EFSA draft opinion on the risks from BPA
The European Food Safety Authority (EFSA) in 2013 launched a two-stage public consultation on its draft opinion on the possible risks to public health from bisphenol A (BPA).
The first stage of the consultation looked at EFSA’s updated and comprehensive assessment of consumer exposure to BPA in Europe. EFSA’s scientific experts provisionally concluded that for all population groups diet is the major source of exposure to BPA and exposure is lower than previously estimated by EFSA.
The second stage of the consultation, which ended on 13 March 2014, looked at its assessment of the potential human health risks of BPA and recommendation that the current tolerable daily intake (TDI) be lowered.
Once EFSA publishes its opinion on BPA – following consideration of comments received from these consultations – the Food Standards Agency will consider, along with the European Commission and EU member states, whether action is necessary to protect consumers.
What are the Food Standard Agency’s conclusions on the European Food Safety Authority’s (EFSA) draft opinion the risks from BPA?
The FSA supports the approach taken by EFSA and its conclusion that on the balance of evidence, at current levels of exposure there is no appreciable health risk.
The FSA will consider its advice and position on BPA in light of the final EFSA Opinion. It will work with other EU member states and the European Commission to consider if any further risk management measures are required and to ensure a harmonised and proportionate risk based approach to managing the issue across the European Union.
The National Toxicology Programme (NTP) is conducting a long-term study in rats involving prenatal as well as postnatal exposure to BPA. This study will clarify whether the changes in the mammary gland seen in some studies will result in an increased incidence of tumours in humans.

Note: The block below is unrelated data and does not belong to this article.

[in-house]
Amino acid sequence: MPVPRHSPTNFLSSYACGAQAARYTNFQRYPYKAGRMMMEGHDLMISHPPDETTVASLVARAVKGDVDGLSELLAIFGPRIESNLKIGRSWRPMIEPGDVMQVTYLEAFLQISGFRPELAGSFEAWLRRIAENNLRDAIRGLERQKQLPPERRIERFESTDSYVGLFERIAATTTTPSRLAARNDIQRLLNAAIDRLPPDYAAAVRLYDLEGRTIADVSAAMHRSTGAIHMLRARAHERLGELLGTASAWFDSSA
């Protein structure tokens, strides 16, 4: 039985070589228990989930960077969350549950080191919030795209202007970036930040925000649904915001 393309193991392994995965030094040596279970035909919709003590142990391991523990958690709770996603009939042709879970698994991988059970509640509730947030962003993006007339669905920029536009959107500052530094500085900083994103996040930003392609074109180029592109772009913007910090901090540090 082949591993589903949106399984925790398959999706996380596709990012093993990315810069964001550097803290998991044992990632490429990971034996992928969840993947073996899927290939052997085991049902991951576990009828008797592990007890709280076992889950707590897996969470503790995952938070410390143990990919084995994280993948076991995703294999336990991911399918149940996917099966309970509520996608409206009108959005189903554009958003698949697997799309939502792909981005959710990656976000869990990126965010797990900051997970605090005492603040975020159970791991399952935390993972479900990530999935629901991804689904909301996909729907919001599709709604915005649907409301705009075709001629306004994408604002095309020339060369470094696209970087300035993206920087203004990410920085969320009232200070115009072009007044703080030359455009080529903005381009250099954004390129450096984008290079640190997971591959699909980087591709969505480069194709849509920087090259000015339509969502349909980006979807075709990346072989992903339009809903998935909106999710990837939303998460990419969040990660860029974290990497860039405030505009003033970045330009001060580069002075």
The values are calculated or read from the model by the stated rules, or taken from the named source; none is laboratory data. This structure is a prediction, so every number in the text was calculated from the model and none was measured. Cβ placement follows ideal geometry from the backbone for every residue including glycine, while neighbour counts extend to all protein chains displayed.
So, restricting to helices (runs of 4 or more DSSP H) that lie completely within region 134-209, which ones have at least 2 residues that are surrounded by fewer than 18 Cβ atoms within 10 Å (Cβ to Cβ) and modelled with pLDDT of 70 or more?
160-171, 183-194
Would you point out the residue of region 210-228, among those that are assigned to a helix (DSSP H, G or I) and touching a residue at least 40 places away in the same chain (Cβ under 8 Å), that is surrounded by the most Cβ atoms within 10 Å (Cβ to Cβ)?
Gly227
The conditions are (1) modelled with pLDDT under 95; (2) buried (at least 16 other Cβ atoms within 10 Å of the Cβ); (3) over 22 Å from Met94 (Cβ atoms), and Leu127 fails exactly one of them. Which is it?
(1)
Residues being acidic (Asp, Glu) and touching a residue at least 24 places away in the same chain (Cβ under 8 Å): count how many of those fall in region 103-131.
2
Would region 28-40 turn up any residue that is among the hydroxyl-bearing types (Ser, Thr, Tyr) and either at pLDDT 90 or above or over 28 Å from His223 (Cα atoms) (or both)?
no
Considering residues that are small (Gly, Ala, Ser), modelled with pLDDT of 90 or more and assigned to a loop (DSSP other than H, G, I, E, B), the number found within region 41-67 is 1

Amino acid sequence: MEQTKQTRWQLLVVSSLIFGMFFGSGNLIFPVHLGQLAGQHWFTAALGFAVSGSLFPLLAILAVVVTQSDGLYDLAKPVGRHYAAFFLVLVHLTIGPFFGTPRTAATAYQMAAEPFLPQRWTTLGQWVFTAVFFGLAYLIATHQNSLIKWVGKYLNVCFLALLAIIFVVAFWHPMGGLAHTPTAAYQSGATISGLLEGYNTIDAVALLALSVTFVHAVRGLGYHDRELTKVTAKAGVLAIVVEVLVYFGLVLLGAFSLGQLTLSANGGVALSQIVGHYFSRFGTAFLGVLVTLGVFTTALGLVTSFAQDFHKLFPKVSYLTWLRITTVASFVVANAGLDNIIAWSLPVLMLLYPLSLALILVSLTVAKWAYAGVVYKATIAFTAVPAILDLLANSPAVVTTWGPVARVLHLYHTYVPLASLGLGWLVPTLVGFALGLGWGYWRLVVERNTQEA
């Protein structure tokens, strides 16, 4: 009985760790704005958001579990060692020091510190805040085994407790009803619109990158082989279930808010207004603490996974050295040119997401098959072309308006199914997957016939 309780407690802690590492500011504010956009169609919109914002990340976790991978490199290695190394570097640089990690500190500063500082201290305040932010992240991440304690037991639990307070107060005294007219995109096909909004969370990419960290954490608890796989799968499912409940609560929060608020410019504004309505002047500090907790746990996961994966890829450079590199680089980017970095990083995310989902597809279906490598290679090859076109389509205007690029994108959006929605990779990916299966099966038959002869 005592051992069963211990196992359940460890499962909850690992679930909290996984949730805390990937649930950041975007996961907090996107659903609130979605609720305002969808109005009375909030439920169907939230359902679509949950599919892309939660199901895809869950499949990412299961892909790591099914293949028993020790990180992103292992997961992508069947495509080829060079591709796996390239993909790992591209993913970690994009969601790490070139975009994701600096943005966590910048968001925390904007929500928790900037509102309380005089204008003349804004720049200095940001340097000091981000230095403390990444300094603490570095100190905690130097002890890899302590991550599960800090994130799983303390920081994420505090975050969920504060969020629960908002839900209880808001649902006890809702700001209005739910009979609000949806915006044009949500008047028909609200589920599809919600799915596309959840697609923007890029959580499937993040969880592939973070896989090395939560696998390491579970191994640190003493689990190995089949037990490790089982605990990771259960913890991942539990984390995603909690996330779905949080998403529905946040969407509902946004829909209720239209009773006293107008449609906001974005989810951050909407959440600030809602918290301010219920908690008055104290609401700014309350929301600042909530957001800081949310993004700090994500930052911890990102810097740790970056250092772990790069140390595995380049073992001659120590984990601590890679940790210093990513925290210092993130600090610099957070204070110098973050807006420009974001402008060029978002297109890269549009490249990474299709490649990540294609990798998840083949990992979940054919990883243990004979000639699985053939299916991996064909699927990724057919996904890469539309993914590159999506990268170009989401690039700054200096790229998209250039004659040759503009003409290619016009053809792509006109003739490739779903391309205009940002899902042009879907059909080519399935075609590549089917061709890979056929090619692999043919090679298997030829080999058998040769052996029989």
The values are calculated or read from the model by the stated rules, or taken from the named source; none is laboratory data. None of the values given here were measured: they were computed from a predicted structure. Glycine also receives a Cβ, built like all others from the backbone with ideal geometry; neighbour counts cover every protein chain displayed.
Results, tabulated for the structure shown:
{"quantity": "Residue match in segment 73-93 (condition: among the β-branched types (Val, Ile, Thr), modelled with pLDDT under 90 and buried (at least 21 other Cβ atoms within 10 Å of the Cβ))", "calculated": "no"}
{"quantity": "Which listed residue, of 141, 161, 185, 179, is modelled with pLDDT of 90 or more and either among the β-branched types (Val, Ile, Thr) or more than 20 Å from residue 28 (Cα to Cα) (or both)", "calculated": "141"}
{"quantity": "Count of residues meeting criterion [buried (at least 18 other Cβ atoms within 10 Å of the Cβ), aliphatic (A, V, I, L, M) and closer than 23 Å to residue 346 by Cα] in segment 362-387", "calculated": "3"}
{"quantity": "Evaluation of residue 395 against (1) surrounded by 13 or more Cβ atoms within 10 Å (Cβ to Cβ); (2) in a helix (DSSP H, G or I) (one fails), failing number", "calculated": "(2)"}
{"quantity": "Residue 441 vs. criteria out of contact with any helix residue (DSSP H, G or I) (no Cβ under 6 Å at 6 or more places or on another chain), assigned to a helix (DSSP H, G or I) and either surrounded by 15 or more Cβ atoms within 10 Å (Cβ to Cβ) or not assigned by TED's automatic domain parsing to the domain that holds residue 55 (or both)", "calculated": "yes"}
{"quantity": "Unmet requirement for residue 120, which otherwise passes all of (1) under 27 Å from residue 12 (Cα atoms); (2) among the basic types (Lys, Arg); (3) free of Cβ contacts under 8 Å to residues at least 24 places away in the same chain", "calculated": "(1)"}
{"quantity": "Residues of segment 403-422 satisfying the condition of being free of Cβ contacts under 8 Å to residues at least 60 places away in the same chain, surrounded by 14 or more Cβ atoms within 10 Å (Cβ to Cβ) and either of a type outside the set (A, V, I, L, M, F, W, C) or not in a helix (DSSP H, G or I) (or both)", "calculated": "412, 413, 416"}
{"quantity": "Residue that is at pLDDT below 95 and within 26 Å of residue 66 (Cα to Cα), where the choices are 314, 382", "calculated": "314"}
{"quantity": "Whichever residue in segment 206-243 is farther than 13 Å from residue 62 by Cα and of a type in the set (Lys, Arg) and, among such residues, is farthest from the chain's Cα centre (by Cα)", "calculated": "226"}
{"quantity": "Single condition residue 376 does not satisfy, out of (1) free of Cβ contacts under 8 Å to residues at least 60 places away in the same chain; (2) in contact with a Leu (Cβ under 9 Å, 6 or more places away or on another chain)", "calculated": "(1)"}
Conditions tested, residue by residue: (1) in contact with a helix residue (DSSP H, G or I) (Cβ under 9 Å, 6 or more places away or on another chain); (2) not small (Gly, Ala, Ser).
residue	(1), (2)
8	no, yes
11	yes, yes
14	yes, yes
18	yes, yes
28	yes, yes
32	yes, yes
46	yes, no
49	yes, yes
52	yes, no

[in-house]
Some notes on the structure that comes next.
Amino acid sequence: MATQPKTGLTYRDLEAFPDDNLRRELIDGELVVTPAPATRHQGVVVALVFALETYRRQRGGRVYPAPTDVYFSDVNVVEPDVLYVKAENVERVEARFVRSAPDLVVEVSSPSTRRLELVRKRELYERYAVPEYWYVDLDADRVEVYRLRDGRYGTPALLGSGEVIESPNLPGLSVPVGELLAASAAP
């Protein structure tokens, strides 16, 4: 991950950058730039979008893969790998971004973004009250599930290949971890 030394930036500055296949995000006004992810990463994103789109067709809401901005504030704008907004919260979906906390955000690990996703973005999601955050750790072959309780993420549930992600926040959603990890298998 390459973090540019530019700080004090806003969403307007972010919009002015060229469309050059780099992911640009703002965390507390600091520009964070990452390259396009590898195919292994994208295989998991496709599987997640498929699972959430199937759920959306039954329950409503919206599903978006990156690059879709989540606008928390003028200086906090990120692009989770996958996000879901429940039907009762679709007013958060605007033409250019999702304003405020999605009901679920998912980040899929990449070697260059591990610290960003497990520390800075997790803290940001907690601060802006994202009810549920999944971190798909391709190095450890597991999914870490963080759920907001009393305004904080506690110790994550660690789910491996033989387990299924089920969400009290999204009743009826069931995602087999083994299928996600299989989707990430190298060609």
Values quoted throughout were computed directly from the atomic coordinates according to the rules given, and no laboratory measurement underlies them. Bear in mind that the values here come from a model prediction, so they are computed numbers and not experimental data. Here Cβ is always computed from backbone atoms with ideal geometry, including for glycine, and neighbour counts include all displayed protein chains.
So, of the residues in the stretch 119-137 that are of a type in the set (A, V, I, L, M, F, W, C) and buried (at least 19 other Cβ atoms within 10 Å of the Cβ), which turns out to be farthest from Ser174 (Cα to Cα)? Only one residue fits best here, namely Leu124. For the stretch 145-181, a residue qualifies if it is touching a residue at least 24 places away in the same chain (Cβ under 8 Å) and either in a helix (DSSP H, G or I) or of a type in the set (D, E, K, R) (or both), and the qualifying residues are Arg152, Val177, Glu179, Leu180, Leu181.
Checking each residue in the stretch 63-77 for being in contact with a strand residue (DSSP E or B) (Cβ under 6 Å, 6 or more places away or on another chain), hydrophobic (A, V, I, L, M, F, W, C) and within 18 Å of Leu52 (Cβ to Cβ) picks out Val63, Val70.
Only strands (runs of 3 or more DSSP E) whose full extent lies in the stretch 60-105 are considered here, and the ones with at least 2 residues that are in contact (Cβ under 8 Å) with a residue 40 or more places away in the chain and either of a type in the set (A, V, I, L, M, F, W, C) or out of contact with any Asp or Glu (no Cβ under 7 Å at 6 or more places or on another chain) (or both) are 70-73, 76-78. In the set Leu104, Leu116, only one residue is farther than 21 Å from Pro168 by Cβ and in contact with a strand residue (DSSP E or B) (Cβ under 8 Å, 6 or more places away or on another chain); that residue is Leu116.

The assessment is expected within the next 4 years.
If BPA is banned in polycarbonate infant feeding bottles why can’t we do the same for BPA in other food contact materials?
EFSA’s comprehensive review gives us a sound evidence base for decision-making, and does not suggest a need to ban BPA in other food contact materials.
Does reducing the Tolerable Daily Intake (TDI) temporarily to 5 ug/kg body weight a day, (down from the current 50 ug/kg) suggest that there is an issue with BPA?
This is an example of adjustment in light of new scientific evidence. But the estimated exposure is still lower than the reduced TDI.
Does the EFSA opinion take account of the non-monotonic dose/ low dose effect of BPA? Some recent scientific studies show evidence of potential adverse effects of BPA at low levels.
EFSA considered the phenomenon of non-monotonic dose response (NMDR) and concluded that there was insufficient evidence for it occurring. The reports in relation to observations at low doses have been assessed and taken into account by EFSA in its weight of evidence approach.
EFSA has said there are still continuing uncertainties over the risks posed by BPA. Does this represent a health risk to humans?
No, EFSA has considered this in its draft opinion and has set the TDI taking account of those uncertainties. It proposed the Tolerable Daily Intake (TDI) should be set on a temporary basis pending the outcome of research from the US National Toxicology Program (NTP) which will address the main uncertainties about the potential health effects of BPA.
Given that the main source of uncertainty is the observations of proliferation or altered differentiation in the mammary gland; should this not be grounds for concern for women?
No, EFSA has set the temporary TDI (t-TDI) at a level which takes into account these effects.
If there are still uncertainties as reported in the EFSA opinion, should the FSA not ban BPA on precautionary grounds
No because the TDI has been set taking account of the uncertainties